April 28, 2015 in Celtics
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April 27, 2015 in EQC
Done and done. Some ambitions fulfilled and others frustrated. The 2015 Celtic Nations championship is done and dusted.
Our own headline is that Ireland finished second. Out of three. This might not seem like that much of an achievement but, trust me, it is. We are the most recent arrival on the international scene from this part of the world and, in the previous two runnings of this event, finished dead last. Yes, Scotland won comfortably. Their strength in depth (as witnessed by their constant rotation of players from the A team right down to the C team fairly demonstrates) is impressive. However, Wales did beat them in the Euros last time out.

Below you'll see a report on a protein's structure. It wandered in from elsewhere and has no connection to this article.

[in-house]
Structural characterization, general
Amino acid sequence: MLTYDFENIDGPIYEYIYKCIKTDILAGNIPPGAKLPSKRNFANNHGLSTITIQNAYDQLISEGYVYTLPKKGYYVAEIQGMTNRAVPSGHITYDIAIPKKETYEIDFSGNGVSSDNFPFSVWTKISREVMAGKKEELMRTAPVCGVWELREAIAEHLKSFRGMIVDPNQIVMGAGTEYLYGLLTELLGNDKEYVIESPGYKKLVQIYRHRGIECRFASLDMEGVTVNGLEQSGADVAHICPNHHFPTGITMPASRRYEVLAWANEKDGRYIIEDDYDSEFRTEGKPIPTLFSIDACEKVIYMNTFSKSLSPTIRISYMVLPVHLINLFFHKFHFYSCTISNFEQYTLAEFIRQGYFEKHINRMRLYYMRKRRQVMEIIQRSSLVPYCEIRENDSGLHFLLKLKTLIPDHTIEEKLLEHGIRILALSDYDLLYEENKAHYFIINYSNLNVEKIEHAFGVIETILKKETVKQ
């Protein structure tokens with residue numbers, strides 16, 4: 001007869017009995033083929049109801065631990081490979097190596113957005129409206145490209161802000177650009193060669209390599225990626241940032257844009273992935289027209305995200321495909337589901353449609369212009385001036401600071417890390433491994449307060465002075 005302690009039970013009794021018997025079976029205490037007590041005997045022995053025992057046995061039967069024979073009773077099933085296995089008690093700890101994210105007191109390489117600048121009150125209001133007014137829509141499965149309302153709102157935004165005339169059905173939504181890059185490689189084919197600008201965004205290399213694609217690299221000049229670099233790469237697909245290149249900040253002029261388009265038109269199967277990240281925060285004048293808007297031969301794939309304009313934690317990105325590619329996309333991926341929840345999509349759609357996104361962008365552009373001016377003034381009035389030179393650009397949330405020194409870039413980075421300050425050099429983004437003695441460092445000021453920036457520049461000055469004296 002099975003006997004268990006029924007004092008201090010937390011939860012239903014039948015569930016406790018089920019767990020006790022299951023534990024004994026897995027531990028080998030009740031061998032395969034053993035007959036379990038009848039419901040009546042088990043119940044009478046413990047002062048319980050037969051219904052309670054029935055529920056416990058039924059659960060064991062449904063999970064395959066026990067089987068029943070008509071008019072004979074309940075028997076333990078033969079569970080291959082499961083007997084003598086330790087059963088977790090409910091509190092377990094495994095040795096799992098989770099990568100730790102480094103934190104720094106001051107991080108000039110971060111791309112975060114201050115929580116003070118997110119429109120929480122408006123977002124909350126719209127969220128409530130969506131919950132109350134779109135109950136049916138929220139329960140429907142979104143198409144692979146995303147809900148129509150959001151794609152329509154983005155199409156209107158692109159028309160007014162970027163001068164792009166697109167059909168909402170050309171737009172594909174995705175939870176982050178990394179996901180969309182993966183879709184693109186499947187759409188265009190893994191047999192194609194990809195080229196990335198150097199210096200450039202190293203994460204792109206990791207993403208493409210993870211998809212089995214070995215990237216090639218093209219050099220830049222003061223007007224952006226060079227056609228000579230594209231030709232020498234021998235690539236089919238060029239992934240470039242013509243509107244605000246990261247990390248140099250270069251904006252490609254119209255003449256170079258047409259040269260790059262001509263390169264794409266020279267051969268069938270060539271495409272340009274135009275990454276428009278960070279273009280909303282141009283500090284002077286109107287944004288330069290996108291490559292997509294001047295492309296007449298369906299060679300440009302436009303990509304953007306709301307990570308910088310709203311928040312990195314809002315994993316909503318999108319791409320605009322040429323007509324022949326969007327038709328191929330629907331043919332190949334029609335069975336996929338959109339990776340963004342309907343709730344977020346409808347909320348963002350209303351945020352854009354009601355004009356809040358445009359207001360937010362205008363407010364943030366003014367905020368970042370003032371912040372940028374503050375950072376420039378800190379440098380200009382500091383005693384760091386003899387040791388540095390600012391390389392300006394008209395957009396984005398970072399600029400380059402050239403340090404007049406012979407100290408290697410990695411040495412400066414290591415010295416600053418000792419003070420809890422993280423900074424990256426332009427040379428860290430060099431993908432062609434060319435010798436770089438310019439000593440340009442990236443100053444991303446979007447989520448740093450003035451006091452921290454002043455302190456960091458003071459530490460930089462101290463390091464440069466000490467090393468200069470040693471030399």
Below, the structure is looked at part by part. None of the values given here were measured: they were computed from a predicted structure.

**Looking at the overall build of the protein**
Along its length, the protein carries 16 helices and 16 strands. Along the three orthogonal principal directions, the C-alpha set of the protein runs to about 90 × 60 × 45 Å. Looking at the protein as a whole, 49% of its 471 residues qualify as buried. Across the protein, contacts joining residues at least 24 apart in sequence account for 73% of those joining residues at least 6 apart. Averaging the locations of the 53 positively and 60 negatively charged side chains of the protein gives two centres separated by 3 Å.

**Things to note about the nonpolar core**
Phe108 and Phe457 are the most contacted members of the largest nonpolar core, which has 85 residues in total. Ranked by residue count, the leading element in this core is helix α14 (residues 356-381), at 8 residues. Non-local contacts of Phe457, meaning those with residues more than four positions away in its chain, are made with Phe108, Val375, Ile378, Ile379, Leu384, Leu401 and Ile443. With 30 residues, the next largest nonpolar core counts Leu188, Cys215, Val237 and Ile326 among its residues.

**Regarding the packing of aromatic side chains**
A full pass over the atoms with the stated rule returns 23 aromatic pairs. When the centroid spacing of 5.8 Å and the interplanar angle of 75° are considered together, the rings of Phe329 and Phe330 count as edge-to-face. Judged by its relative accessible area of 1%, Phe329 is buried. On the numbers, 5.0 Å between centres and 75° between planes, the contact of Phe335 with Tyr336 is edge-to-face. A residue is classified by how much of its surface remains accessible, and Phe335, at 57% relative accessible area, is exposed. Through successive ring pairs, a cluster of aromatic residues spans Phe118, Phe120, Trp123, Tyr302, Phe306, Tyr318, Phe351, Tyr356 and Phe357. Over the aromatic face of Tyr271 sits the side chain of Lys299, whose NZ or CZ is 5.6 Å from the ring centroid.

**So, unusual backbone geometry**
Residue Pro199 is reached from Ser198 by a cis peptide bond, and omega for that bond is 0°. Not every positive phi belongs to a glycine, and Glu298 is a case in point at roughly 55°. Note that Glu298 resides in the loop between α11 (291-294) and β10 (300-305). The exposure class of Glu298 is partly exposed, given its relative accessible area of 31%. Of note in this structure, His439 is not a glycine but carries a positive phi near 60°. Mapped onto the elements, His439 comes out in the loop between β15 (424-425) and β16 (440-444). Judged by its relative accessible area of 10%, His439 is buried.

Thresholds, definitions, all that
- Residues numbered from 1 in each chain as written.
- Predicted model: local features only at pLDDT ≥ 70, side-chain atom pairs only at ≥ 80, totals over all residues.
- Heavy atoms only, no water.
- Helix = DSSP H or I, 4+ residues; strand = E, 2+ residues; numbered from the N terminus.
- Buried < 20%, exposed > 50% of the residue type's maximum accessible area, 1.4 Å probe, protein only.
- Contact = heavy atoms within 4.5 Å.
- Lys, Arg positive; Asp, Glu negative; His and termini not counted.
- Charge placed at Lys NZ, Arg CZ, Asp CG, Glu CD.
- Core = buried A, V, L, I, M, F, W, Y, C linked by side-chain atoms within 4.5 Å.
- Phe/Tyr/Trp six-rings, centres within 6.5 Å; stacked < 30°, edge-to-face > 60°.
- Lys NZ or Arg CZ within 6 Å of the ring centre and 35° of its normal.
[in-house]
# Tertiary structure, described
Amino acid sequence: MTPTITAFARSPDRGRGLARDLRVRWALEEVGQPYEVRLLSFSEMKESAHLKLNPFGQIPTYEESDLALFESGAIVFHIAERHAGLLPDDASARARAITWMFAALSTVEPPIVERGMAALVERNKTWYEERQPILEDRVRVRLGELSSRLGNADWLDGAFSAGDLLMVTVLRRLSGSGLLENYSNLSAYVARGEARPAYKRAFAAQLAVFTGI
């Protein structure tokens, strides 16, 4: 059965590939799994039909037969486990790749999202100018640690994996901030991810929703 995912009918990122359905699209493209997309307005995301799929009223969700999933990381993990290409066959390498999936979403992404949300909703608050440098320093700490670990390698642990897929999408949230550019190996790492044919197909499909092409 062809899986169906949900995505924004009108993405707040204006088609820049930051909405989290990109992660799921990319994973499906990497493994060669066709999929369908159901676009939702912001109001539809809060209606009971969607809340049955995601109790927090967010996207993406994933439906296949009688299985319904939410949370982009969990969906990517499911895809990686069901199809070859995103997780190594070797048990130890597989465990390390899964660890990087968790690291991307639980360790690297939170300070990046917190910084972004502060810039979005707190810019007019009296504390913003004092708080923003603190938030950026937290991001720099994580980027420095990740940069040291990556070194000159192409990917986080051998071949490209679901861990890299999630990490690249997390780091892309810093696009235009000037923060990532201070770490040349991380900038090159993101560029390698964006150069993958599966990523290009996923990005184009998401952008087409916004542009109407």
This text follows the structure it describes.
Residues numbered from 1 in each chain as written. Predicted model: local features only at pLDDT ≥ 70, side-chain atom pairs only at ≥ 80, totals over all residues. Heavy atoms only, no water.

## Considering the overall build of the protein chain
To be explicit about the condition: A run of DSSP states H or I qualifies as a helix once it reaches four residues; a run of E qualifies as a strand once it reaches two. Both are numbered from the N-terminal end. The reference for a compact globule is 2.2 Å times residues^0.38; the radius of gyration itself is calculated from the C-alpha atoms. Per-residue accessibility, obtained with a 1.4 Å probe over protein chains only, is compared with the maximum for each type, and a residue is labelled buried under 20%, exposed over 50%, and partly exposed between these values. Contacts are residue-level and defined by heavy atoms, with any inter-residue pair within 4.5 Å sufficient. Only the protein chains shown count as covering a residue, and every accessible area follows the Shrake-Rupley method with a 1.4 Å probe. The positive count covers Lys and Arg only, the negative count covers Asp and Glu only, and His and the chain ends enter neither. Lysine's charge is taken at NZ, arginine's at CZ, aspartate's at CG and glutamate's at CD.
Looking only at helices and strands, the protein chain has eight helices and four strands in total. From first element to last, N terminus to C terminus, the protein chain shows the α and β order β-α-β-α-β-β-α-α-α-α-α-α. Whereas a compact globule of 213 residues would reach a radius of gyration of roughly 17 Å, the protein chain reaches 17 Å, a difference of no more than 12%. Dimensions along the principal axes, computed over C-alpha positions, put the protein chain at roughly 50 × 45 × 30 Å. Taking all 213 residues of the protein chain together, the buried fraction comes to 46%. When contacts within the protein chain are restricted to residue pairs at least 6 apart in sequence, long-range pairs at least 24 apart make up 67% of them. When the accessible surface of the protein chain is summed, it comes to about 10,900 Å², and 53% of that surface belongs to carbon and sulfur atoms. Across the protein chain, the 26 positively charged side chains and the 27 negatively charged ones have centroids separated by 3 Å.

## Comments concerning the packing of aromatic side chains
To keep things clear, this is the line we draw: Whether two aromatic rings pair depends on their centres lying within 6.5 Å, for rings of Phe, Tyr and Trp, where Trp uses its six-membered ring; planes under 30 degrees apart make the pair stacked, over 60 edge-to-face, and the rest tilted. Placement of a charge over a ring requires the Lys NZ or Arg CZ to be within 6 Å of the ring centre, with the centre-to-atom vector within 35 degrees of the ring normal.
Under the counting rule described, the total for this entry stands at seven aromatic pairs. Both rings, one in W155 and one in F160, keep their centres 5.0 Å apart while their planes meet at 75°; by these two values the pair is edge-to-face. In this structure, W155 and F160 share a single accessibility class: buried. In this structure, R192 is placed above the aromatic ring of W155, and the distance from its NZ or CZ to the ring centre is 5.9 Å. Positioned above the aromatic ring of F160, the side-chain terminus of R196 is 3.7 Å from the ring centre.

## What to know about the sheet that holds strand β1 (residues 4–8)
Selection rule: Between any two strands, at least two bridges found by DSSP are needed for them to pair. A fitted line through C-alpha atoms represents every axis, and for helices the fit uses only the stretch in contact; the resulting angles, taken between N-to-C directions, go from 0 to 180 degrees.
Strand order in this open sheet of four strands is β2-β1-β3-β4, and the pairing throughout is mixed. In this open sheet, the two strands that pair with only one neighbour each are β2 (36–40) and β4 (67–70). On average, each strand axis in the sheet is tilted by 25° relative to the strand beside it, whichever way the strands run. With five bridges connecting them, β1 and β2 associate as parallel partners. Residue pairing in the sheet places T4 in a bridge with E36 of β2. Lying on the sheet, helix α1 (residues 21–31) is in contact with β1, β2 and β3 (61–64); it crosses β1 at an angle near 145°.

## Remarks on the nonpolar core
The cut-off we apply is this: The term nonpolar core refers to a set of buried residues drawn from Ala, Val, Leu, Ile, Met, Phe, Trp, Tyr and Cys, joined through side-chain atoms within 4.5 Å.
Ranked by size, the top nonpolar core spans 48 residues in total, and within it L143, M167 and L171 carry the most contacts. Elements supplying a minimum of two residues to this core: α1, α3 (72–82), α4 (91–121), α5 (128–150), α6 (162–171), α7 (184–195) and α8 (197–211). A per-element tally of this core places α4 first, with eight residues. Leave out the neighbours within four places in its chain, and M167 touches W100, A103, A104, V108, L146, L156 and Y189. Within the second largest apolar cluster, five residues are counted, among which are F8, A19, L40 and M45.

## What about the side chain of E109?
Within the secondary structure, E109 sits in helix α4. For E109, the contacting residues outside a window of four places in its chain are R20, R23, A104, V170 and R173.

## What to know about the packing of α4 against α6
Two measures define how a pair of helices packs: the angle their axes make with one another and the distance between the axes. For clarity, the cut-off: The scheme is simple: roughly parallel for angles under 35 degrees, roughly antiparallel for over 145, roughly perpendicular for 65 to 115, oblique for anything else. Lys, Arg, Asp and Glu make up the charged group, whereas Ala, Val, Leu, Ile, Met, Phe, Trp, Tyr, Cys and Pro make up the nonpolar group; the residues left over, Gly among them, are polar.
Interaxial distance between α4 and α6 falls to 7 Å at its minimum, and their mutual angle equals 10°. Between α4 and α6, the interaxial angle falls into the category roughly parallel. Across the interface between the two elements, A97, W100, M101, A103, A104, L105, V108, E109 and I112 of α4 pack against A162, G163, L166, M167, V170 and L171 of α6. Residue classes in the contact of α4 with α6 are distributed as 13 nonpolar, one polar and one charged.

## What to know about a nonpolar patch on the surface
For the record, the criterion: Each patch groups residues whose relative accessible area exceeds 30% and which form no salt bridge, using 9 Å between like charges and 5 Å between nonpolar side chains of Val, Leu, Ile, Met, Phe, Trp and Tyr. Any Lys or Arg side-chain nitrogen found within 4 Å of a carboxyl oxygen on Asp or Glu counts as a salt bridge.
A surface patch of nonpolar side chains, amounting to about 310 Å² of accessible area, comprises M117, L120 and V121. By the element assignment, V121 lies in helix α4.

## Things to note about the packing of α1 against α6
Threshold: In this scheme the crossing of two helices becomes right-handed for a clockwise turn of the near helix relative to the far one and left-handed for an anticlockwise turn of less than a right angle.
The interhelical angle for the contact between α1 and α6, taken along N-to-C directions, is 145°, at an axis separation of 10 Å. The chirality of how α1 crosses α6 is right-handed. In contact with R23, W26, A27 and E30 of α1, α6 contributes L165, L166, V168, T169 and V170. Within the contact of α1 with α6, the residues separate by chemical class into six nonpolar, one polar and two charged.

An ambition yet to fulfilled is a personal one. Since joining this scene I have taken part in nine international matches (EQC 2012, CN 2013 and now CN 2015) and lost them all. 🙁 Of those defeats though, two have been by a single point, one was two points and a yet another was by six or so. Yesterday morning I had another such slap in the face and the team of myself, Kevin Jones, Hugh Brady and Dan O’Malley conspired to lose after being 11 points ahead with two categories to go. Our Scottish opponents stole two of our final set (worth 3 points each) and then answered two of their own last category. And thus, emerged as winners by 45 points to 44.
This was the closest Scotland came to defeat in an international match this weekend. After dodging this bullet, they went on to claim what chief organiser Gareth Kingston called a ‘blue wash’ and comfortably win the championship.
Congratulations to our A team though, who defeated Wales for the second time shortly afterwards. This team was made up of the Davids, Lea and McBryan, Lorcan Duff and Hugh Brady, who had stepped up from the B team following that Scottish heartbreak. It capped off what was a very impressive debut from Hugh, who I hope will continue to join us at events such as this.